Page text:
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A cowboy told me bisexual people are the reason everyone has AIDS

A cowboy told me bisexual people are the reason everyone has AIDS

It was 1998 or 1999. I would regularly haunt a little dive bar, called The Cove, in southern Idaho.

Twin Falls wasn’t a tiny rural town, but it couldn’t claim to be large either.

It did have the tendency to be religious and conservative.

At the time I way trying to navigate my early twenties whilst being bi, Pagan, and depressed.

This particular bar had been around for decades and I had always enjoyed going there as a kid to eat greasy fried finger steaks and chicken strips.

So, I was naturally drawn to it as an adult. Only this time, I sat at the bar and not one of the dim booths.

I went there to drink, not party. There were other places better suited to that insanity.

I didn’t hide who I was here but I did not advertise it either.

As impervious as our twenties make us feel, I was no idiot. I didn’t want to fight, and most folks had guns.

I could handle your standard ignorant redneck. An angry asshole however was another matter.

Plus, I had better things to do than get in a scrape with a homophobic idiot.

‘This was a real cowboy’

I was not normally chatty, but get enough alcohol in me and I actually enjoy talking to whoever is at the next stool over.

On one particular evening, I over-confidently engaged in conversation with the Cowboy.

I never knew his name, but you always knew when he was in the bar.

When taking a shot, he would slam it down it on the bar so hard it made everyone jump.

This was a real cowboy, not some farm kid who listens to a lot of country music in his new Ford, but an actual ranch hand who worked at one of the local ranches.  

He usually smelled faintly of horseshit and Stetson cologne. Chatty and affable, he liked to make the rounds at the various bars in town.  

One night he planted his ass in the stool next to mine, flirting friendly with the bartender, and slammed down his first shot.  He started talking to me, we bought each other a round, and nothing was out of the ordinary.

I do remember that I was not in a mood to be conversational. In fact, I had a dark cloud above me that day.

I would later learn these are not the moods to drink on.

But I sat there letting him engage me in conversation and trading rounds with him.

Feeling chatty, yet irritable, is not the greatest combination.

We started talking about LGBT issues, against my better judgement.

He maintained a ‘Queers are fine by me. They are just doing their thing, but if they try and hit on me, I’ll beat the shit out of them,’ stance.

This did not shock me. His attitude stayed consistent with the status quo of the time and place.

‘Queers’

I blame the extra shots and beer for telling him I was bisexual.

I expected a fight, or at least some sort of angry straight guy talk. I braced myself.

‘You’re the reason everyone has AIDS,’ he said.  To say I wasn’t expecting that would be an understatement.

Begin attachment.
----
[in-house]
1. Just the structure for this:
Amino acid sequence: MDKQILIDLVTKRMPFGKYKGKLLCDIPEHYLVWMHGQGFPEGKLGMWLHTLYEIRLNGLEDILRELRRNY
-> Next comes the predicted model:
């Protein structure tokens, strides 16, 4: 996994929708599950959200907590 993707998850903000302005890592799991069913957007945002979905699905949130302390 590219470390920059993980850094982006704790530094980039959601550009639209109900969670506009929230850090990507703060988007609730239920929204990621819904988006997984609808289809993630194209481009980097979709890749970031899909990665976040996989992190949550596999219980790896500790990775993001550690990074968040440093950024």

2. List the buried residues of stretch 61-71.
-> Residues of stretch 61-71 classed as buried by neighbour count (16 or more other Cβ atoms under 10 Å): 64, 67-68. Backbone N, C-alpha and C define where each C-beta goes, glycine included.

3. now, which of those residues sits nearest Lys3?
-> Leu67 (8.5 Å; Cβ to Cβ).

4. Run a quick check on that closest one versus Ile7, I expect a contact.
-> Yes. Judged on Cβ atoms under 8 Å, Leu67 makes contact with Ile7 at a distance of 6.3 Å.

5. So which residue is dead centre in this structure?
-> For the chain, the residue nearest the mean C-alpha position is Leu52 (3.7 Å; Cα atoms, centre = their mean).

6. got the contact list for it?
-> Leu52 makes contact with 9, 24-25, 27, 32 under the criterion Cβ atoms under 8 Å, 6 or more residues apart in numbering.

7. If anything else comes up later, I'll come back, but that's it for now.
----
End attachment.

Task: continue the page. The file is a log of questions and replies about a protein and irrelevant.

He said it so nonchalant. I had no words.

I asked him to repeat, because I couldn’t have possibly heard him correctly.

‘You Bisexuals. You are the reason that AIDS is everywhere.  Shit, even the women have it now.  They wouldn’t have if they didn’t fool around with guys like you.’ He continued.  

I don’t remember what I said. Something to the effect that the AIDS epidemic didn’t spread into the ‘straight world’ just because of us.  

‘Yeah, doing drugs, I heard about that. It’s a damn shame too, but they fuck around with you half-a-faggots. If you’d just screw around with your own, then I would have to worry about it when I take someone home.’

His words remain permanently etched in my brain.

He continued his theory in drunken repetition, trying to convince me that AIDS wouldn’t have been a problem if it had stayed within the gay population.

He reiterated that he held no ill will towards ‘queers’ in a gesture of compassion.

I tried to explain to him just how ludicrous his ideas were. I wanted to inform him bisexuals were not a conduit for disease!

Then he said, ‘I’d get checked, if I were you. Hard to tell if you’ve already done some damage.’

That was it.  I was officially done.

Was this the stigma we had to face?

My booze-addled brain meant I interpreted his statement as him personally blaming me for the entire epidemic.

I hit my tipping point. I wanted to knock this cowpuncher out right then and there.

While I did, and do, have my anger issues, I am not violent. At this point didn’t matter though.

I probably should mention that up until this point, I had never been in a fight in my life.

There would be no way I would win.  

Gently I set my beer down, slowly turned in my seat, and stood up.

He had his back to me, busy flirting another drink out of the bartender.

‘Turn the fuck around,’ I told his back, but in the din of bar, he didn’t hear me.  

Instead of waiting for him to turn around, better sense swam heroically to the front of my brain and told me to leave.

I stumbled home, feeling the heavy weight of his words.

Both the funk, and the hangover, stayed with me far longer than I would have liked.

While I haven’t come across anyone else who verbalized the same sentiment, I never forgot it.

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